What Happens to the Marital Home in a Divorce?

For many people, the family home is their most significant asset. When a marriage ends, one of the most important questions is what happens to the marital home? How should it be divided? Is it possible for one spouse to continue living in it? Generally, there are two options: sell the home and divide the proceeds, or one person remain in the home and buy out the other spouse’s financial interest.

Selling the Home

If the couple wishes to sell the home, they must agree on a sale price. In most cases, it makes sense to work with a real estate agent. An agent provides a neutral perspective on the home’s value. The agent can also make suggestions about required repairs and a marketing plan for selling the property.

In some cases, it’s also a good idea for the parties to agree in advance on a timeline for reducing the asking price if the house fails to sell within a specific time period. This can help the couple avoid conflicts down the road.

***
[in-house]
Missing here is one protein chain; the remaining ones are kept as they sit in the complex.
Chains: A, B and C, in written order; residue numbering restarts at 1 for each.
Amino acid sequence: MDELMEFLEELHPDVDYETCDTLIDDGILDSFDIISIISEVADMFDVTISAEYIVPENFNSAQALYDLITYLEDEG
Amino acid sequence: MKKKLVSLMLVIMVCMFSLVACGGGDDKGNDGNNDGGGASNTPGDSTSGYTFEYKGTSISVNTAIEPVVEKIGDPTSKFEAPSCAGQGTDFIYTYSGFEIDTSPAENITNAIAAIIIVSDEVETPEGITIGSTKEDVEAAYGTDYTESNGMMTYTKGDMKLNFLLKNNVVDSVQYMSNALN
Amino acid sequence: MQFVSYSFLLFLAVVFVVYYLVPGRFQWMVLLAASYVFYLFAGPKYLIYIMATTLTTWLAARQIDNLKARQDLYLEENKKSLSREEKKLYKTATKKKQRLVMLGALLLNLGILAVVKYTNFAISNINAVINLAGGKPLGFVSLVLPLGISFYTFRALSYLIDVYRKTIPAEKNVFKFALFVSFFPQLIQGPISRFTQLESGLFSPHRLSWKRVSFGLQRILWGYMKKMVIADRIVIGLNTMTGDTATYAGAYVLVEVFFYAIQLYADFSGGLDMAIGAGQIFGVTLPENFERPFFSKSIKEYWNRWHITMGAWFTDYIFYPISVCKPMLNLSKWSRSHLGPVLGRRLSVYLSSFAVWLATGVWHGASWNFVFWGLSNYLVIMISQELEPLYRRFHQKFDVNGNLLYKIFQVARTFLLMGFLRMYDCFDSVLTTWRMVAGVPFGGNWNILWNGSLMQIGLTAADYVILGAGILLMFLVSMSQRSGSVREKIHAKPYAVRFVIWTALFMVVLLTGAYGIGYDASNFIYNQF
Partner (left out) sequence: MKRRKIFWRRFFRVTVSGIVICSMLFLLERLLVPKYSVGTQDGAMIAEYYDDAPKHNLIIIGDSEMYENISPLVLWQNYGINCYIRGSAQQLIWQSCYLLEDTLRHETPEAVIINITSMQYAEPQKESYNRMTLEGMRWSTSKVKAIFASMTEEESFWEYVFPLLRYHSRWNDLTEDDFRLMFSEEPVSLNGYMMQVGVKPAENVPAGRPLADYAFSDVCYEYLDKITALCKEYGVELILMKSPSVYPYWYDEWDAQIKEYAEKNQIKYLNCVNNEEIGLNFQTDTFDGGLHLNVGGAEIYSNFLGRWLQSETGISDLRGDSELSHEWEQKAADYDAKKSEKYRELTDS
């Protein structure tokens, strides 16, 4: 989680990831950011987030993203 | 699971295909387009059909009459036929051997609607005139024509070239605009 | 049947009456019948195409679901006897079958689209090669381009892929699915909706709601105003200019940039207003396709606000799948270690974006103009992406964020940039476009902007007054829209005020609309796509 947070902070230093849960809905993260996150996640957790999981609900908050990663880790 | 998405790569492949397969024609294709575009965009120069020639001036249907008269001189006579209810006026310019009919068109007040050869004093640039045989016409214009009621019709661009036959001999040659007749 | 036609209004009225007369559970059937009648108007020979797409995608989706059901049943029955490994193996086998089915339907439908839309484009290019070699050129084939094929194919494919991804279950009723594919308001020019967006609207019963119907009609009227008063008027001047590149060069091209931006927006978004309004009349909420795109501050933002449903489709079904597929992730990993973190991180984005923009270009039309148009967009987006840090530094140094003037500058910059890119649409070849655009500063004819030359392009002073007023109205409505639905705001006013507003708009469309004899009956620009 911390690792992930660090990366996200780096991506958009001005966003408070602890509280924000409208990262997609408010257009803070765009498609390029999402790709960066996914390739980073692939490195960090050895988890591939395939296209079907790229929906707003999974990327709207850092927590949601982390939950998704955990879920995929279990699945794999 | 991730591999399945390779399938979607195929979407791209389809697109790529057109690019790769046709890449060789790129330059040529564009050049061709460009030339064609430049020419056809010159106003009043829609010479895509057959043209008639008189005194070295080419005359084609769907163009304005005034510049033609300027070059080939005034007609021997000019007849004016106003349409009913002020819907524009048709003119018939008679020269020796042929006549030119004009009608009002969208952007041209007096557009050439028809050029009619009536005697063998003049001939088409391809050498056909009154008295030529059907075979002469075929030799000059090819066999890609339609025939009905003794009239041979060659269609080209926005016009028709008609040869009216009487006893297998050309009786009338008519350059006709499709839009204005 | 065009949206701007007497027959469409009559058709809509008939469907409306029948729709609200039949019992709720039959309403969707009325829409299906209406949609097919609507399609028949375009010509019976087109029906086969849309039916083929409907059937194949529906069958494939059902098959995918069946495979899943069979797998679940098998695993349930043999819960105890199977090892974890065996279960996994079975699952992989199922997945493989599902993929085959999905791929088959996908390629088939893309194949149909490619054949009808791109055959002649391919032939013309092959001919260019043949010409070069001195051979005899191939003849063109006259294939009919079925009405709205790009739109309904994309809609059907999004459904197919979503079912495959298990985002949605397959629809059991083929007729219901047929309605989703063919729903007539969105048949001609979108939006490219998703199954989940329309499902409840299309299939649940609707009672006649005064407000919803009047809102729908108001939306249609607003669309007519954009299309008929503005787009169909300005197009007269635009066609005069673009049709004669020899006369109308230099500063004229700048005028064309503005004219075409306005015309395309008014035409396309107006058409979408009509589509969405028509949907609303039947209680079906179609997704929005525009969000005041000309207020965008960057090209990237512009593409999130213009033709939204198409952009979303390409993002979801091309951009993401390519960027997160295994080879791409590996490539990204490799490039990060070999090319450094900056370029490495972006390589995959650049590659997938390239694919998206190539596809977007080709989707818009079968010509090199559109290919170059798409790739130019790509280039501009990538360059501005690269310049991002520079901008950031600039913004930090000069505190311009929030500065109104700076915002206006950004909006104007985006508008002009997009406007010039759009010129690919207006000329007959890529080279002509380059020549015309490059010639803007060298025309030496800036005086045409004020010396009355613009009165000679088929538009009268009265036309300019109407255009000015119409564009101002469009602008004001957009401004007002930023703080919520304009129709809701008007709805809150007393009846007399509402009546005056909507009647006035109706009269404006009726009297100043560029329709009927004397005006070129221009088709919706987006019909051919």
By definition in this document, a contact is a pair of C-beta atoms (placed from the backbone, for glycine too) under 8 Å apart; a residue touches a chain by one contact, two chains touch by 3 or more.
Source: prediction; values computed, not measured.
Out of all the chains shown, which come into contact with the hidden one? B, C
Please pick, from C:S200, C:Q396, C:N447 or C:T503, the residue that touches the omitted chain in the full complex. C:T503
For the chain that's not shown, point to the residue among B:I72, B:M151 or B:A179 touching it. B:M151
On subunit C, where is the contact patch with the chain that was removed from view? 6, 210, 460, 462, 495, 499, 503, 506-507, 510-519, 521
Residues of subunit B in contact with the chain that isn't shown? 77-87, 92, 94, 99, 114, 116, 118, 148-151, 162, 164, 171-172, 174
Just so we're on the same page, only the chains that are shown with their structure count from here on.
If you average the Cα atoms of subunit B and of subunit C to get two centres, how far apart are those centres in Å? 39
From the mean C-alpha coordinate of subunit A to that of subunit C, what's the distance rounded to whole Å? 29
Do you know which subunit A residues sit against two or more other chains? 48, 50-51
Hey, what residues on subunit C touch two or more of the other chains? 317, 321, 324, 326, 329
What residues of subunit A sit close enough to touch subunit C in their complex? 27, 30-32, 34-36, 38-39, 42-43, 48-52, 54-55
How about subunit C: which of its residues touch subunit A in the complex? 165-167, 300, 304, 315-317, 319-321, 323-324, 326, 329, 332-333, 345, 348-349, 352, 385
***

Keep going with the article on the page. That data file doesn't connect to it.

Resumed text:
Keeping the Home

In some situations, selling the home is impossible or undesirable. For example, a weak economy might mean the parties are unlikely to sell their home at a price that makes financial sense. They may also lack enough equity in the home to make a sale possible.

In other cases, people are reluctant to sell the family home because they don’t want to disrupt their children’s lives. Keeping the marital home in the family means the children get to remain in a school and neighbourhood with which they’re familiar.

There are a few steps that need to happen before one spouse can remain in the family home. First, it’s important for the spouse who wishes to keep the home to determine if he or she can afford it on a single income. He or she must also be able to generate enough money to buy out the other person’s interest in the property – something that can sometimes be accomplished through refinancing. The spouse remaining in the home must also work with the mortgage lender to make sure the lender will issue a mortgage solely in that spouse’s name and that the spouse leaving the home is cleared from both the mortgage and the home’s title.

Although it’s possible for both spouses to stay on the loan, this is not typically recommended, as it makes the non-resident spouse responsible for the mortgage should the resident spouse fail to make the payments. It can also prevent the non-resident spouse from obtaining his or her own mortgage on a new property.